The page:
- Botanical studies organise plants into genera families and species
- Plant families are often very logical and easy to learn
- Using Latin names when describing plants tells you about the plant’s family
What is Botany?
Botany is the study of plants. Botanists collect plants into ‘families’ based on similar characteristics. All members of each plant ‘family’ have similarities in their flower structure and are thought to have descended from a common ancestor. Note that the family names of plants usually end in ‘CEAE’ and are always capitalised when written. For example, the MYRTACEAE family is one of the largest families of Australian plants. The word MYRTACEAE comes from the Greek word ‘Myron’ meaning perfume which refers to the characteristic fragrance of many members of the MYRTACEAE family. Some of the main characteristics of the MYRTACEAE family are:
- leathery leaves which are dotted with transparent oil glands
- hard, woody fruits capsules which open at the top to release many tiny seeds.
Each ‘family’ is further divided into a number of ‘genera’ and these genera further divided into ‘species’ which have more similar genetic characteristics. Some of the genera in the MYRTACEAE family include Eucalyptus, Melaleuca and Leptospermum. Ultimately each group of plants which appear to have the same structures are given the same name and no two different species may have the same name. The Eucalyptus genera has more than 600 species. A couple of local species include Eucalyptus camaldulensis (River red gum) and Eucalyptus leucoxylon (SA blue gum). This system of classification and naming of organisms is used for all living things all over the world e.g. humans are Homo (genus) sapien (species).
The use of Latin and Greek words ensures consistency of names regardless of the language of the user. The common name often derives from a feature of the plant, e.g. Grey box relates to the colour and type of bark, River red gum relates to where the tree prefers to grow and the colour of the timber. Common names for birds are often formed in the same way e.g. Yellow-tailed black cockatoo and Red wattlebird. Many people find common names a lot easier to remember but common names are not always useful for telling us about the family or ancestry of an organism. For example ‘Kangaroo thorn’ does not tell us that this plant is a type of Wattle or Acacia. Common names can sometimes vary between botanists and publications. Occasionally two different species may be given the same common name or there may be more than one accepted common name for the same plant. This can be a problem if we are trying to work out precisely which plants should be growing in a particular area. Using the botanical name ensures that there is no confusion about which species is being discussed.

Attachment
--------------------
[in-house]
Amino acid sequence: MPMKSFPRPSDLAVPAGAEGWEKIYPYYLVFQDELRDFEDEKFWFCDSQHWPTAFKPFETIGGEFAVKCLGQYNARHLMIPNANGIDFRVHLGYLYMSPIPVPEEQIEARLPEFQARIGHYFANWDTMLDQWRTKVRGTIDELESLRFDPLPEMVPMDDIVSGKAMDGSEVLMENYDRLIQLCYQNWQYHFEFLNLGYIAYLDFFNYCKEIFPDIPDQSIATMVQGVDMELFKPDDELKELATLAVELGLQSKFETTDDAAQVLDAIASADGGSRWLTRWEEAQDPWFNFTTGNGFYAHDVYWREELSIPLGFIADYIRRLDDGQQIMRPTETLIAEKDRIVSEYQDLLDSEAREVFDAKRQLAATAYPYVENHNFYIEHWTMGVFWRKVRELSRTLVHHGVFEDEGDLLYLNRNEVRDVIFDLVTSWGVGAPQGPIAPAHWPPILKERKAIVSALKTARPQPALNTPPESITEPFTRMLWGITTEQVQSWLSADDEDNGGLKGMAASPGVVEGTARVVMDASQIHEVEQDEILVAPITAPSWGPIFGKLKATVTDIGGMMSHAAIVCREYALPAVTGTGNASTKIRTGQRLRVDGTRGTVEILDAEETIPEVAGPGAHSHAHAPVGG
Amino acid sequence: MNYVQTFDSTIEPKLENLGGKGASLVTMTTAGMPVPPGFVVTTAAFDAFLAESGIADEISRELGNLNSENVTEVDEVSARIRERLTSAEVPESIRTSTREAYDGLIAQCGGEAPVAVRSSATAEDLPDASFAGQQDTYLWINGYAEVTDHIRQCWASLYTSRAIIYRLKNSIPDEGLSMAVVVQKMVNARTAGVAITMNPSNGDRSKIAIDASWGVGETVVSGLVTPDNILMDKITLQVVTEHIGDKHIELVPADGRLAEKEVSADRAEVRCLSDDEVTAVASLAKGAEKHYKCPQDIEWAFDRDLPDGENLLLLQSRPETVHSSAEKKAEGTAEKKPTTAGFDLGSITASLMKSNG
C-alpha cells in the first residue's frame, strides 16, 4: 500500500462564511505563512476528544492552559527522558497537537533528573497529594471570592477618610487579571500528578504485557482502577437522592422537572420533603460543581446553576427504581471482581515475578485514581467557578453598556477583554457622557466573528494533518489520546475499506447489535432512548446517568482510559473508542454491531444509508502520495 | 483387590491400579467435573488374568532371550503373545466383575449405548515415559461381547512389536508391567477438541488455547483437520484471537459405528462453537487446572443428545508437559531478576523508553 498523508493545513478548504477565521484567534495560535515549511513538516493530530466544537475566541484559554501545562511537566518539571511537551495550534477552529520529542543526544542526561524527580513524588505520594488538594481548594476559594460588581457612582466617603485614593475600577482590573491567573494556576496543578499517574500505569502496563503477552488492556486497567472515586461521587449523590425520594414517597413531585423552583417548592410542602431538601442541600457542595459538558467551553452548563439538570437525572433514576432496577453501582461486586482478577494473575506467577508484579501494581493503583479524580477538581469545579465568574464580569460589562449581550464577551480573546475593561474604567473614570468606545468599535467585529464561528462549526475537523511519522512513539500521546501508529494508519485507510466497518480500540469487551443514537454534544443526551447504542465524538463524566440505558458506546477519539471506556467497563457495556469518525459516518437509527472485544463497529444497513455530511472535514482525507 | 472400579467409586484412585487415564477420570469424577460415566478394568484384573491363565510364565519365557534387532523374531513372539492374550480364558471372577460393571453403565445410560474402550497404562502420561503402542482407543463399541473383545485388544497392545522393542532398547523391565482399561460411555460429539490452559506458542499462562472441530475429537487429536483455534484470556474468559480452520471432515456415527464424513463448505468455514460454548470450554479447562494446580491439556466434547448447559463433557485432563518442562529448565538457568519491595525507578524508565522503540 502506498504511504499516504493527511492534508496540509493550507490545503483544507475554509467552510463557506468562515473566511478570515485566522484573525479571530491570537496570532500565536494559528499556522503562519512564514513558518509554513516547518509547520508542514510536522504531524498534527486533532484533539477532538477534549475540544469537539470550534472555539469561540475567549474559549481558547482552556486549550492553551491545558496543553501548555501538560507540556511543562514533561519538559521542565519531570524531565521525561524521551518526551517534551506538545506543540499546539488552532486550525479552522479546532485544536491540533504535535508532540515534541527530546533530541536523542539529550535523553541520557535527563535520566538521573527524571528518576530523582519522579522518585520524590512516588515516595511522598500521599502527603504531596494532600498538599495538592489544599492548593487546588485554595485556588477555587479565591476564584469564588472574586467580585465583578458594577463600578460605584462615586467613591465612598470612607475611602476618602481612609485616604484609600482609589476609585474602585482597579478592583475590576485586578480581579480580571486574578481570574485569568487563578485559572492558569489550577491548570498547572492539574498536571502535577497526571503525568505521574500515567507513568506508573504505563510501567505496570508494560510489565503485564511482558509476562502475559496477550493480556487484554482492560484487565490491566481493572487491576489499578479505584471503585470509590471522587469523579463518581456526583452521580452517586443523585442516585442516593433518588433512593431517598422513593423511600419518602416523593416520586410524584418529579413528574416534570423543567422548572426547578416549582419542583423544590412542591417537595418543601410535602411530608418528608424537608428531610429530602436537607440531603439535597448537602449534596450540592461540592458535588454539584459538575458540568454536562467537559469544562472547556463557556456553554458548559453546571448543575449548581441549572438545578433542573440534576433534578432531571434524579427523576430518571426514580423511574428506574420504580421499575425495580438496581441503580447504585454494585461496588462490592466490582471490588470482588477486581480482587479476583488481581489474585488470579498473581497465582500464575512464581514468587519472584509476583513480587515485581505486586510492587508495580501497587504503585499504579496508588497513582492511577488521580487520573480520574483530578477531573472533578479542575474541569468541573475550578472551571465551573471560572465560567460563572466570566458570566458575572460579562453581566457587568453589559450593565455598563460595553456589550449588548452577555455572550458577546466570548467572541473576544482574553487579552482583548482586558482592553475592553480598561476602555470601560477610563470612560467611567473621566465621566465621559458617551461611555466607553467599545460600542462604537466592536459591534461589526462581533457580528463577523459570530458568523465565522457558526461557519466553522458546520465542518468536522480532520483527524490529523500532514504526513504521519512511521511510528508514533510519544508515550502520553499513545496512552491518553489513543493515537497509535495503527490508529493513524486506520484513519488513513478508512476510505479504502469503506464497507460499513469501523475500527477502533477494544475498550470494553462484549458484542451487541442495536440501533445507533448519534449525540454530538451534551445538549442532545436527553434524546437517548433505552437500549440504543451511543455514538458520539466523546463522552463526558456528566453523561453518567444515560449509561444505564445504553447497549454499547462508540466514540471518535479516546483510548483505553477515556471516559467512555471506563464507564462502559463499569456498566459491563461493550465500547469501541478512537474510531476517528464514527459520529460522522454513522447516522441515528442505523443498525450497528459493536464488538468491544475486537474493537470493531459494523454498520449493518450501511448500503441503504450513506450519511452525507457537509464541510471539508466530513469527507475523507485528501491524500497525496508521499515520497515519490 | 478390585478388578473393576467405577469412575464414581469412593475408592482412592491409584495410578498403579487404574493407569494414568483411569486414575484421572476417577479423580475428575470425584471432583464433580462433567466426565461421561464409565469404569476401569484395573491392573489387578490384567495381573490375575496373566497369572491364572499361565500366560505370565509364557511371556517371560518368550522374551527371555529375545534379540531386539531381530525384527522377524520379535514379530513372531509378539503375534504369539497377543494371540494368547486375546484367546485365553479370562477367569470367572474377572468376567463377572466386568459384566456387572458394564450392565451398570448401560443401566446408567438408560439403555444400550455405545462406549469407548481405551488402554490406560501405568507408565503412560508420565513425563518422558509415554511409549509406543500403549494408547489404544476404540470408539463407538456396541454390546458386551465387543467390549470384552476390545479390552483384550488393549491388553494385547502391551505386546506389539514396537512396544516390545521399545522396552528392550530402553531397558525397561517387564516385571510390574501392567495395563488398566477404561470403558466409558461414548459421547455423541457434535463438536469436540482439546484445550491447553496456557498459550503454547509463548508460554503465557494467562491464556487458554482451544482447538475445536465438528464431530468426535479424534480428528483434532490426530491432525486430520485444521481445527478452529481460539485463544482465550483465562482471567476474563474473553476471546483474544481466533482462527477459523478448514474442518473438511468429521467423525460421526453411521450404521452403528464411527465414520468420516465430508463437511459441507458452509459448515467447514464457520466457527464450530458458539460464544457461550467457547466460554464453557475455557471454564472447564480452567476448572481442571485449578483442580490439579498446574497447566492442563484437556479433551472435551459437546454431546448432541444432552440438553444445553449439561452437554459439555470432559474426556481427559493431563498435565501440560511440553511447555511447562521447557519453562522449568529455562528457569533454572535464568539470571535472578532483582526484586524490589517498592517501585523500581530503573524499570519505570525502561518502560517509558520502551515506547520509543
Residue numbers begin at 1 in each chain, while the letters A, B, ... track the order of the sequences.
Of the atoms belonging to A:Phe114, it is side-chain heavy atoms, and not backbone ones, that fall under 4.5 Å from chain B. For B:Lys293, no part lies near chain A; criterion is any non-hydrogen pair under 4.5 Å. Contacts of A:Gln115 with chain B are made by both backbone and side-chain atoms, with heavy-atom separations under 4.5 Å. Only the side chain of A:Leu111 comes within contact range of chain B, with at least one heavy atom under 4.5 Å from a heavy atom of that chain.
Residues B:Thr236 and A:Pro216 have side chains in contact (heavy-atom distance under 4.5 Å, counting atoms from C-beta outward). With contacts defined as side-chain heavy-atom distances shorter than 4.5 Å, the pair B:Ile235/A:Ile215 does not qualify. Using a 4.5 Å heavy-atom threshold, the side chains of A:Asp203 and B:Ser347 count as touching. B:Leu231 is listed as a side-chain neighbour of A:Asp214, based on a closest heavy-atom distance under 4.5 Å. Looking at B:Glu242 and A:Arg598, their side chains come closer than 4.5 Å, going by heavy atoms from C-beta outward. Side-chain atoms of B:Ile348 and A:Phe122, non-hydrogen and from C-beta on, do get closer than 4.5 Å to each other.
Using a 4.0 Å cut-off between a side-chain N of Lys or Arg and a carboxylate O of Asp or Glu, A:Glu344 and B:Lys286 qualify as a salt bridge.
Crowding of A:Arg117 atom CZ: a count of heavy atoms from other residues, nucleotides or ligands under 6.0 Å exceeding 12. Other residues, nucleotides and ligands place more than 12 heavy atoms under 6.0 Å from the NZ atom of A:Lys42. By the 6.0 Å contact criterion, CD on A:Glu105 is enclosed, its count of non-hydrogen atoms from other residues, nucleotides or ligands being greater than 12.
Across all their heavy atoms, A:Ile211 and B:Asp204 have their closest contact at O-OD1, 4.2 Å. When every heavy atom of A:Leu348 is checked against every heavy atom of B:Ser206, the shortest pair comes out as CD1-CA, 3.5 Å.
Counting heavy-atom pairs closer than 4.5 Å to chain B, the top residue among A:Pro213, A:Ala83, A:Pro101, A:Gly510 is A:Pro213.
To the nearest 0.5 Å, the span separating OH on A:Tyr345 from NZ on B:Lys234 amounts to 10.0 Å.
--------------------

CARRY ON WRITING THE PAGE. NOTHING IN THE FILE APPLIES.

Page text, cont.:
Monocot or Dicot?
Botanists use many attributes of plants to assist them in identification. In South Australia we have mostly flowering plants, or angiosperms. Of the gymnosperms, or non-flowering plants there is only one, the CUPRESSACEAE which includes the native pine genus, Callitris.
The first step used to identify flowering plants (angiosperms) in almost any plant identification book ever published, is to determine whether the plant is of the class DICOTYLEDONEAE or MONOCOTYLEDONEAE. This subdivision is based on whether the embryo (seed) of the plant will sprout one or two cotyledons (leaves) when it germinates.
How to Distinguish Monocots and Dicots
Monocots (short for ‘monocotyledon’, ‘one leaf’) are flowering plants, with one vertical grass-like baby leaf. They include local indigenous plants such as Common vanilla lily, Garland lily, Kangaroo and Wallaby grasses, as well as orchids, bamboo and palm trees (including bananas). Most of the world’s cereal crops such as wheat and barley are also monocots.